ROME — Pope Francis visited the Vatican’s COVID-19 vaccination clinic on Good Friday as volunteer doctors, nurses and pharmacists continued vaccinating the poor, homeless and refugees assisted by charities in Rome.
The Office of Papal Charities announced March 26 that it purchased enough doses of the Pfizer-BioNTech vaccine to inoculate 1,200 of “the poorest and most marginalized people who, because of their situation, are the most exposed” to the coronavirus.
Guests of a shelter run by the Missionaries of Charity near Rome’s Colosseum were among the first to receive their shots March 31. By the time the pope visited April 2, the Vatican press office said, about 800 people had received the first of their two doses.
“Just before 10 a.m., Pope Francis went to the atrium of the Paul VI Hall while vaccinations were underway for some people who are homeless or in difficulty and are welcomed and accompanied by various Rome associations,” the press office said.
“The pope greeted the doctors and nurses, watched the procedure for preparing vaccine doses and visited with people waiting for their vaccinations,” the statement said.
Announcing the vaccination program, the Office of Papal Charities, run by Cardinal Konrad Krajewski, encouraged people to buy a vaccine for “our poorest and most vulnerable brothers and sisters” by making a donation online at www.elemosineria.va, the address of the papal almoner’s office, which distributes charity in the name of the pope.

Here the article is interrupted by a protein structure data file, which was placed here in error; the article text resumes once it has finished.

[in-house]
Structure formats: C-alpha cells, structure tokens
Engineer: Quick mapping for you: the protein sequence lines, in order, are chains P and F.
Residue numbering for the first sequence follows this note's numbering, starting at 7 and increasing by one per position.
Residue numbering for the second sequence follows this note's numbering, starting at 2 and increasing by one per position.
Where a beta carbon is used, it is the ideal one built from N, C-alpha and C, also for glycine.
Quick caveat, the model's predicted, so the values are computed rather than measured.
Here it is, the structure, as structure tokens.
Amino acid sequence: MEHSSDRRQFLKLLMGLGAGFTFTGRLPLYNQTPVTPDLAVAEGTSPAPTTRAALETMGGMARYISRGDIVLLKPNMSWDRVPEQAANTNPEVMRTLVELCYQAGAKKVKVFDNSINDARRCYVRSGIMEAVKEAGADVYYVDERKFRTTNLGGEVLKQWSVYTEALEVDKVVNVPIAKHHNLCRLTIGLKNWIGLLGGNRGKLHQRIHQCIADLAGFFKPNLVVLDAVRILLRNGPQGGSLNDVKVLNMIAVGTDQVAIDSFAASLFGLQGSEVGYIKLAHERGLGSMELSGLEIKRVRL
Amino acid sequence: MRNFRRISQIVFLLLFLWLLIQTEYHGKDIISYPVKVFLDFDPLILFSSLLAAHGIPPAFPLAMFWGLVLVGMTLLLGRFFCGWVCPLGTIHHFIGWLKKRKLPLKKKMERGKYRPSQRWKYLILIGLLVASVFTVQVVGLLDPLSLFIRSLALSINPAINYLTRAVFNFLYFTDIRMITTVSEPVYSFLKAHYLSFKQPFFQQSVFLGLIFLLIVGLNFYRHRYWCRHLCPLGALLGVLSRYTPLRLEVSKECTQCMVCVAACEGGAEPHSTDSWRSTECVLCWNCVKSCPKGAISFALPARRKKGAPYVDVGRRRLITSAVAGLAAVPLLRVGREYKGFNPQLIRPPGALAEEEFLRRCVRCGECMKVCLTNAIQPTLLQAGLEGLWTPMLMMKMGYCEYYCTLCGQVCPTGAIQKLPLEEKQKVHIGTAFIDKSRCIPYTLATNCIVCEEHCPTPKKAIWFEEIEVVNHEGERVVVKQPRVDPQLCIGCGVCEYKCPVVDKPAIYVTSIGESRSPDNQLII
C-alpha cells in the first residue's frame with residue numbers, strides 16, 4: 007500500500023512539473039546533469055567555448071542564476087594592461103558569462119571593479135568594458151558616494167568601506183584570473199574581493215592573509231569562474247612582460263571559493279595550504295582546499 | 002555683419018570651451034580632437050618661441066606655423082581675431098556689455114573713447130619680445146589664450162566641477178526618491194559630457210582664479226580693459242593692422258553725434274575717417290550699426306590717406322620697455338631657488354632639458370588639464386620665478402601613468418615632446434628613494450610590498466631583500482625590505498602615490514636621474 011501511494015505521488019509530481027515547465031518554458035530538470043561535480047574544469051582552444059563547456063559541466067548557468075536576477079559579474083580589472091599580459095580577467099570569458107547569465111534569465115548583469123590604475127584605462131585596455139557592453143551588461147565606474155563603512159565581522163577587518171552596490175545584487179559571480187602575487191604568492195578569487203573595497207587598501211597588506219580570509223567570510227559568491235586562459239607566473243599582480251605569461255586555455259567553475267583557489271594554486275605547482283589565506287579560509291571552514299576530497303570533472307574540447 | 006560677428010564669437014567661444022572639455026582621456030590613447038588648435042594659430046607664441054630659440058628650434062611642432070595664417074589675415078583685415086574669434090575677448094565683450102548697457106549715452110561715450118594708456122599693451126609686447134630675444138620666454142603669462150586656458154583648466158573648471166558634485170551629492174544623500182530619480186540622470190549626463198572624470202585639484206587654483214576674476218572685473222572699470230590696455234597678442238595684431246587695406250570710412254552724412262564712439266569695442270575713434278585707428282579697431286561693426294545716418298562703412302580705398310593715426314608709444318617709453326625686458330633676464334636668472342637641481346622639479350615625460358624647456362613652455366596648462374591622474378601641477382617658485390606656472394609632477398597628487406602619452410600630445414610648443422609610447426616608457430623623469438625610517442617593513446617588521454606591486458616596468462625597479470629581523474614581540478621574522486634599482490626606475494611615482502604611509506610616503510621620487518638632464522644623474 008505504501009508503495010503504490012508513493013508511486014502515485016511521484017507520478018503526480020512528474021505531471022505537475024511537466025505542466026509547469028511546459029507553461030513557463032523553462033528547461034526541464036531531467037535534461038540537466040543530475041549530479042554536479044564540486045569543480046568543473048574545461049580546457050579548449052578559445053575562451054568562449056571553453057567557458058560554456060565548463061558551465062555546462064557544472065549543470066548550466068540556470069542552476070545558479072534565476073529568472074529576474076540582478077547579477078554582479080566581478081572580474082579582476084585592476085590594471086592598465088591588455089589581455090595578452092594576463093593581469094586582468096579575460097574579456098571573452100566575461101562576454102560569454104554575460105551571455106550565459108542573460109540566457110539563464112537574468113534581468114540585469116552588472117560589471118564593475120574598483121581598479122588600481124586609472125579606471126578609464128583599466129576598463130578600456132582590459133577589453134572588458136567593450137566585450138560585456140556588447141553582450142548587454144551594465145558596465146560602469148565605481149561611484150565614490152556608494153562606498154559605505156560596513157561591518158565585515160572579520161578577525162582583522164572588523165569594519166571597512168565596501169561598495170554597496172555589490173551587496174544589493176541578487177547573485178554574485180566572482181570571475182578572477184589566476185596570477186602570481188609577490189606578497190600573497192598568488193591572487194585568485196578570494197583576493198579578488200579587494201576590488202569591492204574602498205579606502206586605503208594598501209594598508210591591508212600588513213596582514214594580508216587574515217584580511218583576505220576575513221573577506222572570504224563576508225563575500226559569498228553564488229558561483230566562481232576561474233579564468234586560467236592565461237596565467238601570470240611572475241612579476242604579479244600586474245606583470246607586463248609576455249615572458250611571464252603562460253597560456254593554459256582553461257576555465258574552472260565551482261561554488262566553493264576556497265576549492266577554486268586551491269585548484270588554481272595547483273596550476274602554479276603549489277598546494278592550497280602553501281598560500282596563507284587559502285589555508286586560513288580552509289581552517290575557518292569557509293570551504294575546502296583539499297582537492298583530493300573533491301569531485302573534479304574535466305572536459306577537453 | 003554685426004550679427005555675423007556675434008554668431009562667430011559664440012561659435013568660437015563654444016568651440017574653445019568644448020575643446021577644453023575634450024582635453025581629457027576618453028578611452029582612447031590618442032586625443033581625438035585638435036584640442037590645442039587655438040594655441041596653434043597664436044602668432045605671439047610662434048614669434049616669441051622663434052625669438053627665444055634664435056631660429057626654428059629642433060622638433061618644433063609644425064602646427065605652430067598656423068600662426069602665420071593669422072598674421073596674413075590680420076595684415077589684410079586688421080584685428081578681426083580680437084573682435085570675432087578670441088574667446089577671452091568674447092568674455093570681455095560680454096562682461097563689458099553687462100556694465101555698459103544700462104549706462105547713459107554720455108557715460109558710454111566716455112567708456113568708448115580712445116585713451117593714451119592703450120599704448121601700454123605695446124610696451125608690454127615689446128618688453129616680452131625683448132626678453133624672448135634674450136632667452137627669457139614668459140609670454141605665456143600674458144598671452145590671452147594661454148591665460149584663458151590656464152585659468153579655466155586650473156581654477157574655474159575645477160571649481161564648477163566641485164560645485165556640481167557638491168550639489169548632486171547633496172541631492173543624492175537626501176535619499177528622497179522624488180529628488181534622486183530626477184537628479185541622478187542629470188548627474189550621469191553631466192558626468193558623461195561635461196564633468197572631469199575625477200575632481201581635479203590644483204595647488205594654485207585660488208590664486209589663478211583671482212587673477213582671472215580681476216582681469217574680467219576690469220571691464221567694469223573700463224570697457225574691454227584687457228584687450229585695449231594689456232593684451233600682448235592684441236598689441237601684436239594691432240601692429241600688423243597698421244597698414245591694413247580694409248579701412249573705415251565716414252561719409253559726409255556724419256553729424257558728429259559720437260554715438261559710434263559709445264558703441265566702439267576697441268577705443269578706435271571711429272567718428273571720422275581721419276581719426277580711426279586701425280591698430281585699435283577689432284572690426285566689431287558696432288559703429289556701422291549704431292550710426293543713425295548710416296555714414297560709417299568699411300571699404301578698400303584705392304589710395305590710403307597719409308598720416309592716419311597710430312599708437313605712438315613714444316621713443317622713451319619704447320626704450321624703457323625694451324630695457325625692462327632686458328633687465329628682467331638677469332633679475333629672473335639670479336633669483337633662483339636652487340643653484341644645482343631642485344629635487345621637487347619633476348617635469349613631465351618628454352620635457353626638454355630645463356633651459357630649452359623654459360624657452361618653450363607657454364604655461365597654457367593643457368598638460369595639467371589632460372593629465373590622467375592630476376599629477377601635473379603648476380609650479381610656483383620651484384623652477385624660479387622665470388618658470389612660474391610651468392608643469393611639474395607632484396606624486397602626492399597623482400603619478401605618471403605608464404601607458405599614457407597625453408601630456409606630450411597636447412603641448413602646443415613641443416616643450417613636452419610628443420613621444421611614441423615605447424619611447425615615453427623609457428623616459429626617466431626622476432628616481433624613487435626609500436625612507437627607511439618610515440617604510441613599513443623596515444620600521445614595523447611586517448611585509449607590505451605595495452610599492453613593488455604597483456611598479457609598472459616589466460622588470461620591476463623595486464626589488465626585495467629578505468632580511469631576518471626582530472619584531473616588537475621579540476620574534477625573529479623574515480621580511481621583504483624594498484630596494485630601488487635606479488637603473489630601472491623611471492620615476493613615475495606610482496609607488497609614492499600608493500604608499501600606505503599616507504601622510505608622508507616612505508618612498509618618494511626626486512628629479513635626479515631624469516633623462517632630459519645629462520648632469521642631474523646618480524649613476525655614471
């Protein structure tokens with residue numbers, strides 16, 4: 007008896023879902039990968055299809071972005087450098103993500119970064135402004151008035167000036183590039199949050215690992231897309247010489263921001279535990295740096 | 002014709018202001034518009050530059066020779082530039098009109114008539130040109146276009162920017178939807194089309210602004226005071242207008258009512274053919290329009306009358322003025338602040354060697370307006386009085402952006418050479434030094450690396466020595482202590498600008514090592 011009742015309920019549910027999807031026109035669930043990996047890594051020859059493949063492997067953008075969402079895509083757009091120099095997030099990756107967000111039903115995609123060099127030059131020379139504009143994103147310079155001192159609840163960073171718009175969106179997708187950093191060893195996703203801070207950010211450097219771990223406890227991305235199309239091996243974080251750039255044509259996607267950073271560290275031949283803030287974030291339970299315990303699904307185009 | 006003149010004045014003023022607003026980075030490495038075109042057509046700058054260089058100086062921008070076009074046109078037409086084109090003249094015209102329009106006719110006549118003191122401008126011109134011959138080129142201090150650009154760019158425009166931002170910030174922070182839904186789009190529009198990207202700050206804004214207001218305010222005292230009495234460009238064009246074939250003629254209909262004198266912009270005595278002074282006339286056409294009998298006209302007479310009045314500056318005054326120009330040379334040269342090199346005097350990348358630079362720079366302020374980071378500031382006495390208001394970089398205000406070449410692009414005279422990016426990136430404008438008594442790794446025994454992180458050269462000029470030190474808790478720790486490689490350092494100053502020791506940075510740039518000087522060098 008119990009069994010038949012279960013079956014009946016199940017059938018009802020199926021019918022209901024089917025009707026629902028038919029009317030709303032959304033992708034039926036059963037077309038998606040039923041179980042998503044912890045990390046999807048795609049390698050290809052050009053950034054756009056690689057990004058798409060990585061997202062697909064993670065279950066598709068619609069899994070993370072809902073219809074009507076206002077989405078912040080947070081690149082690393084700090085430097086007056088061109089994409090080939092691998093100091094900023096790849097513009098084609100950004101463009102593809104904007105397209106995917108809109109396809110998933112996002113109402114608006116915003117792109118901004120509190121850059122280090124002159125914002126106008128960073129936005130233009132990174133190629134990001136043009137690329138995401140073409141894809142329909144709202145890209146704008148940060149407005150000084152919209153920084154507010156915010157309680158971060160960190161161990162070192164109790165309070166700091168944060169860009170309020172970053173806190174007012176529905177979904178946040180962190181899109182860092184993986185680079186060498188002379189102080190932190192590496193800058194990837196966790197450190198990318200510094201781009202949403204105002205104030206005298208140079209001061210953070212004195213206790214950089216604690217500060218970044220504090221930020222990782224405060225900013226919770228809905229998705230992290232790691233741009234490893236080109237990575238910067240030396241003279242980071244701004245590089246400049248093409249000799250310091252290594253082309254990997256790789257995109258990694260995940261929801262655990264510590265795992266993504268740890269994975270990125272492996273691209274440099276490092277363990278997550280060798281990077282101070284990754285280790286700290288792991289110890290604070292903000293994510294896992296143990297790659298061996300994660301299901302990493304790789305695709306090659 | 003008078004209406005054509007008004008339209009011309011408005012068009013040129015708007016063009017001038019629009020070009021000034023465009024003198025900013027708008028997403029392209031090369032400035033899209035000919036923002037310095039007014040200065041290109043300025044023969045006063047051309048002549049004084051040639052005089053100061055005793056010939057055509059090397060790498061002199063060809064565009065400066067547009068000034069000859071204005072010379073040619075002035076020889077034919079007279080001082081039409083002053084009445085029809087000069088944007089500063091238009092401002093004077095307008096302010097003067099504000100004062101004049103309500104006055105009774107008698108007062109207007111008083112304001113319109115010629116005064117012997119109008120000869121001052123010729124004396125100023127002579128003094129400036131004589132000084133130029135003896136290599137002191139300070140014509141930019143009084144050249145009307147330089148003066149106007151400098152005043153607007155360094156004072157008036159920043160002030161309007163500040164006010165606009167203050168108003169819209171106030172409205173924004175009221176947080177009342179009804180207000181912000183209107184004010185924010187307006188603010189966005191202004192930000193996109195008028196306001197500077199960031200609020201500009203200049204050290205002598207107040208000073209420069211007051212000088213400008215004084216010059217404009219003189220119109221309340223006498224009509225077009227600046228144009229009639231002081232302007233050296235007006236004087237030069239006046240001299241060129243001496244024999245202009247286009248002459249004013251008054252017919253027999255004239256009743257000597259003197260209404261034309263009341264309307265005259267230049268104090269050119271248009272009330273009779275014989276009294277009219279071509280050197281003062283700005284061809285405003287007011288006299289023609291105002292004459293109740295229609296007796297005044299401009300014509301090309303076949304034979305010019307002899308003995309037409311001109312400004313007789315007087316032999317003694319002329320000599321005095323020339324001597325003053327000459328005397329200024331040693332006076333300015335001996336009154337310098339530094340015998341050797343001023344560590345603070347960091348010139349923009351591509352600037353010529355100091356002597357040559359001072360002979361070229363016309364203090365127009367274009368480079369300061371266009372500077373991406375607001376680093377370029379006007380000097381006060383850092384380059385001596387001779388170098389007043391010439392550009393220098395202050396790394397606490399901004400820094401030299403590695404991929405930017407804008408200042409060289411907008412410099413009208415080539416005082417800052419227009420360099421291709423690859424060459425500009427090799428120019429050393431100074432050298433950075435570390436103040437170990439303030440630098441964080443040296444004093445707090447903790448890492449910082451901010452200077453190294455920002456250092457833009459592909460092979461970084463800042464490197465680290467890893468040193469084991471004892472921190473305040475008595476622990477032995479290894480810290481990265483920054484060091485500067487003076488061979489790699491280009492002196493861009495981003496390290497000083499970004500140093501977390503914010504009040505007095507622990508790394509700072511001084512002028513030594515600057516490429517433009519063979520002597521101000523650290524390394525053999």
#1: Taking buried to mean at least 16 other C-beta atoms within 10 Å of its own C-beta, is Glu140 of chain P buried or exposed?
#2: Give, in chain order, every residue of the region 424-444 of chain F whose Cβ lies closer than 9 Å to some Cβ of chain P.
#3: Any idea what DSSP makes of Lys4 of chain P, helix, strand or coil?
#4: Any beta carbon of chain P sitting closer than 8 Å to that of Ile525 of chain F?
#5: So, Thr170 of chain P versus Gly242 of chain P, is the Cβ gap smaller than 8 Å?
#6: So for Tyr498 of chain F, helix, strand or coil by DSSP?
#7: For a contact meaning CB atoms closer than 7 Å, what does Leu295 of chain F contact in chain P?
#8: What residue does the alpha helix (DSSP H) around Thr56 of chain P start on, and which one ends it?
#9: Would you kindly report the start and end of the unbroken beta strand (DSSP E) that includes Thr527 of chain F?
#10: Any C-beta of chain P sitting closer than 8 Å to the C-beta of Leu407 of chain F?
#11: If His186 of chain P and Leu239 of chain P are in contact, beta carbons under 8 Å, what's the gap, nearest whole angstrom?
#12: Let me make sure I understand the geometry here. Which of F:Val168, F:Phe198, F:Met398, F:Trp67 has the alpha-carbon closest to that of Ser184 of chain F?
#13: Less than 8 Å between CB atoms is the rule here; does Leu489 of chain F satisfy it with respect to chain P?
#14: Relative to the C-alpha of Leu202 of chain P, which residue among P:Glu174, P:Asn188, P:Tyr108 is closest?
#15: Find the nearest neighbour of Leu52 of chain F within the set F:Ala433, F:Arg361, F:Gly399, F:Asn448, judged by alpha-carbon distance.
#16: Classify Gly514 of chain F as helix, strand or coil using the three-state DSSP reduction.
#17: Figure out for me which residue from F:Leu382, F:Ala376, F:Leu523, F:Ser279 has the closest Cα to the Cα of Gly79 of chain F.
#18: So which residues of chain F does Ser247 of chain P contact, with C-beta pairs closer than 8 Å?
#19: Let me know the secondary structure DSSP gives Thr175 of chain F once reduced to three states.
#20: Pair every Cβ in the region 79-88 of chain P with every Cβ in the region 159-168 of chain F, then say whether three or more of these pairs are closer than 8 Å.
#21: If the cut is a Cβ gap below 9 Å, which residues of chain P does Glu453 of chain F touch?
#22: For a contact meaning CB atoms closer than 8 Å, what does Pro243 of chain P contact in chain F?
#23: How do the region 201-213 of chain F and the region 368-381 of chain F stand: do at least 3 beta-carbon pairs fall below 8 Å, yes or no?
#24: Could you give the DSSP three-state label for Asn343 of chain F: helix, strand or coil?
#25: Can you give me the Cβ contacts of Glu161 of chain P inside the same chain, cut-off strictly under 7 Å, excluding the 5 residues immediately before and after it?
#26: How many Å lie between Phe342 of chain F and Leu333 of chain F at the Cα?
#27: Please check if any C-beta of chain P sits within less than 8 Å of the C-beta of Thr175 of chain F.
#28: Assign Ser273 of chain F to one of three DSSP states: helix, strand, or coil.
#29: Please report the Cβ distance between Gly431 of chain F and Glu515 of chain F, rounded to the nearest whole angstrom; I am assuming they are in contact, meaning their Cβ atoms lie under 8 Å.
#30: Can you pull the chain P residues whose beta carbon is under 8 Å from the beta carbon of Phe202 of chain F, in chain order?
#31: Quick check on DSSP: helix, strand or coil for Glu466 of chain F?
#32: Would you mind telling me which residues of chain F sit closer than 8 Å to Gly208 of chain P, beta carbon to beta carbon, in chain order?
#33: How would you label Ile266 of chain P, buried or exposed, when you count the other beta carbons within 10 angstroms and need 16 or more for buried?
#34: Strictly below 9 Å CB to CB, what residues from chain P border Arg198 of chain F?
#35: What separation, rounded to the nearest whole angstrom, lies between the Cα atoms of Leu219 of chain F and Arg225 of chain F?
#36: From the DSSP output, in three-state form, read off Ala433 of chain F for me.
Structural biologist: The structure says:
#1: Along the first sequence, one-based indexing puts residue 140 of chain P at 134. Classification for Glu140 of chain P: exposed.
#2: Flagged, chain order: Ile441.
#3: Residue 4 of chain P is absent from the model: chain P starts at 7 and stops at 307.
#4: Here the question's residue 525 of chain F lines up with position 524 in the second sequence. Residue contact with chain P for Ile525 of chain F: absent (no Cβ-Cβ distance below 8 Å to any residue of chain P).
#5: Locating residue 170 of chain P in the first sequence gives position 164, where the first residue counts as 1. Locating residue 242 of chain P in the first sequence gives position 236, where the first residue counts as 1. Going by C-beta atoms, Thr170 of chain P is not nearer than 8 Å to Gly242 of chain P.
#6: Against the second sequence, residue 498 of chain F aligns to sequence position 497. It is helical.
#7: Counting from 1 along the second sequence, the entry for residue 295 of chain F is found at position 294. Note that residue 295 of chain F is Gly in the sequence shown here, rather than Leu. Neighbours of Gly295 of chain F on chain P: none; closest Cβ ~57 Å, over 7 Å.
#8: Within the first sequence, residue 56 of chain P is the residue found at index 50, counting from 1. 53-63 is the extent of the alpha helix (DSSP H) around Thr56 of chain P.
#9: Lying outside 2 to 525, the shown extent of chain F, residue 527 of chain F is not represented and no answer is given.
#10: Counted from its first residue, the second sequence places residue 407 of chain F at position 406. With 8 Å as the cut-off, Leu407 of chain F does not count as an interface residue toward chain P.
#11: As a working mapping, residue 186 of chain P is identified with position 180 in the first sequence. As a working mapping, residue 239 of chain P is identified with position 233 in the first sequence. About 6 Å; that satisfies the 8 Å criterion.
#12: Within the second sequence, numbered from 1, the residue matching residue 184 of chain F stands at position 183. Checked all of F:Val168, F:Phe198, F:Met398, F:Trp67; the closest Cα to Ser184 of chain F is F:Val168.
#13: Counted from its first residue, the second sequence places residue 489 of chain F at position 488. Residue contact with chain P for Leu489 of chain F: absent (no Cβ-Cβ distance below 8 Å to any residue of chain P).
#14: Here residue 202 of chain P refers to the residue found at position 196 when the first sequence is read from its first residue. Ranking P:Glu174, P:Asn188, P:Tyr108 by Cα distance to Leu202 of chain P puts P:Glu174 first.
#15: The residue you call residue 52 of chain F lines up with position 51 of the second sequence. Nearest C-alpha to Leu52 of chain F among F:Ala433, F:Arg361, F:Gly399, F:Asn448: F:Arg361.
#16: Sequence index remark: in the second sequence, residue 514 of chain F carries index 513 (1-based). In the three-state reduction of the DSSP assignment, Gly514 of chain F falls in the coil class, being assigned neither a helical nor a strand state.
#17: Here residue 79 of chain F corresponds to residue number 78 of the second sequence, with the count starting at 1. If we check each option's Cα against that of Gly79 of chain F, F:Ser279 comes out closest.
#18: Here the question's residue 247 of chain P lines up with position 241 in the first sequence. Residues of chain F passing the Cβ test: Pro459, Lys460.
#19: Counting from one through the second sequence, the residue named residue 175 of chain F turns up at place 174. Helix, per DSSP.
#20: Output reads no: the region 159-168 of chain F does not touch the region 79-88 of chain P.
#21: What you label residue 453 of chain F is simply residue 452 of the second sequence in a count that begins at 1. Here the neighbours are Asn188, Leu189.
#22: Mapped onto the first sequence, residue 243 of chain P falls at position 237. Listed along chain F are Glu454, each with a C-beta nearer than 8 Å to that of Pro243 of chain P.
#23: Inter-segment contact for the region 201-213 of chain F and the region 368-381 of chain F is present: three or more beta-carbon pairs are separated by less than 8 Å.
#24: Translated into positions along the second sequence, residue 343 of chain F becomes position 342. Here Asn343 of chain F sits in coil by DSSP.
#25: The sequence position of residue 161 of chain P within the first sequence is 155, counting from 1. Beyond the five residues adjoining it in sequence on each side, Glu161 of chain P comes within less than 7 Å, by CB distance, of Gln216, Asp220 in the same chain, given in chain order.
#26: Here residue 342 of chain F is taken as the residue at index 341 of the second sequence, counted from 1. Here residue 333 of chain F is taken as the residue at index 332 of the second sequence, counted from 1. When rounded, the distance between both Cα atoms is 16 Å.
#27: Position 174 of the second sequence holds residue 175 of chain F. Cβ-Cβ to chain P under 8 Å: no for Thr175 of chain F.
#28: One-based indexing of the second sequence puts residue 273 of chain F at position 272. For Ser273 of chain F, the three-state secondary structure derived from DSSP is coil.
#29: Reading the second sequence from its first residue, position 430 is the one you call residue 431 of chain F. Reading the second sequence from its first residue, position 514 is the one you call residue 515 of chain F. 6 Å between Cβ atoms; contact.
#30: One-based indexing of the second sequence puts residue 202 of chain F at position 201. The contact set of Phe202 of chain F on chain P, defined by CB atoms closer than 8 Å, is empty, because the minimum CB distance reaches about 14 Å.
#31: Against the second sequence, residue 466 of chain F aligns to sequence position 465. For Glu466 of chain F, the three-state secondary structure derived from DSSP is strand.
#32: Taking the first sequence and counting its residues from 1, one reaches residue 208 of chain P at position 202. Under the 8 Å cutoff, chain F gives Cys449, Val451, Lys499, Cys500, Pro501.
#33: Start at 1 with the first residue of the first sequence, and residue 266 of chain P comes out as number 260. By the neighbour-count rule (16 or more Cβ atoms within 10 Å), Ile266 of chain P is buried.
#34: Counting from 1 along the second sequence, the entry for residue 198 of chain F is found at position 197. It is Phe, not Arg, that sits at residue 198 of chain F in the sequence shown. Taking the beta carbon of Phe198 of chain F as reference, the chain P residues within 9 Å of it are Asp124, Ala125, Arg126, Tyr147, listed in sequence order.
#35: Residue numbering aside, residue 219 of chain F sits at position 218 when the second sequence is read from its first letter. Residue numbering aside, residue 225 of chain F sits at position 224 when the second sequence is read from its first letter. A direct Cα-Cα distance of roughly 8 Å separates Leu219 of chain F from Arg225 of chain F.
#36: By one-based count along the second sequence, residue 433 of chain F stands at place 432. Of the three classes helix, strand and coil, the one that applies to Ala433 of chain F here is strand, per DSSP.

Pope Francis has repeatedly encouraged people to get vaccinated to protect their health, the health of their loved ones and the health of their neighbors. He also repeatedly has called for global efforts to ensure equitable distribution of the vaccine, rather than policies that amount to wealthier countries buying up most of the available shots and reserving them for their own citizens.
Jesuit Father Camillo Ripamonti, president of Centro Astalli, a Jesuit Refugee Service center assisting refugees in Rome, said in a statement March 31 that people assisted by the center would be among those vaccinated by the Vatican.
“It is an important sign for the life of the refugees we welcome, among whom are many vulnerable people, victims of torture and intentional violence,” Ripamonti said. The Vatican’s outreach is “a sign of closeness” to people “the pandemic has made invisible and, therefore, more fragile and more at risk of getting sick.”
The Centro Astalli called on the Italian government to “multiple the pontiff’s gesture” by including in the national vaccination program “the homeless and migrants who live in spontaneous settlements or in occupied buildings or reception centers.”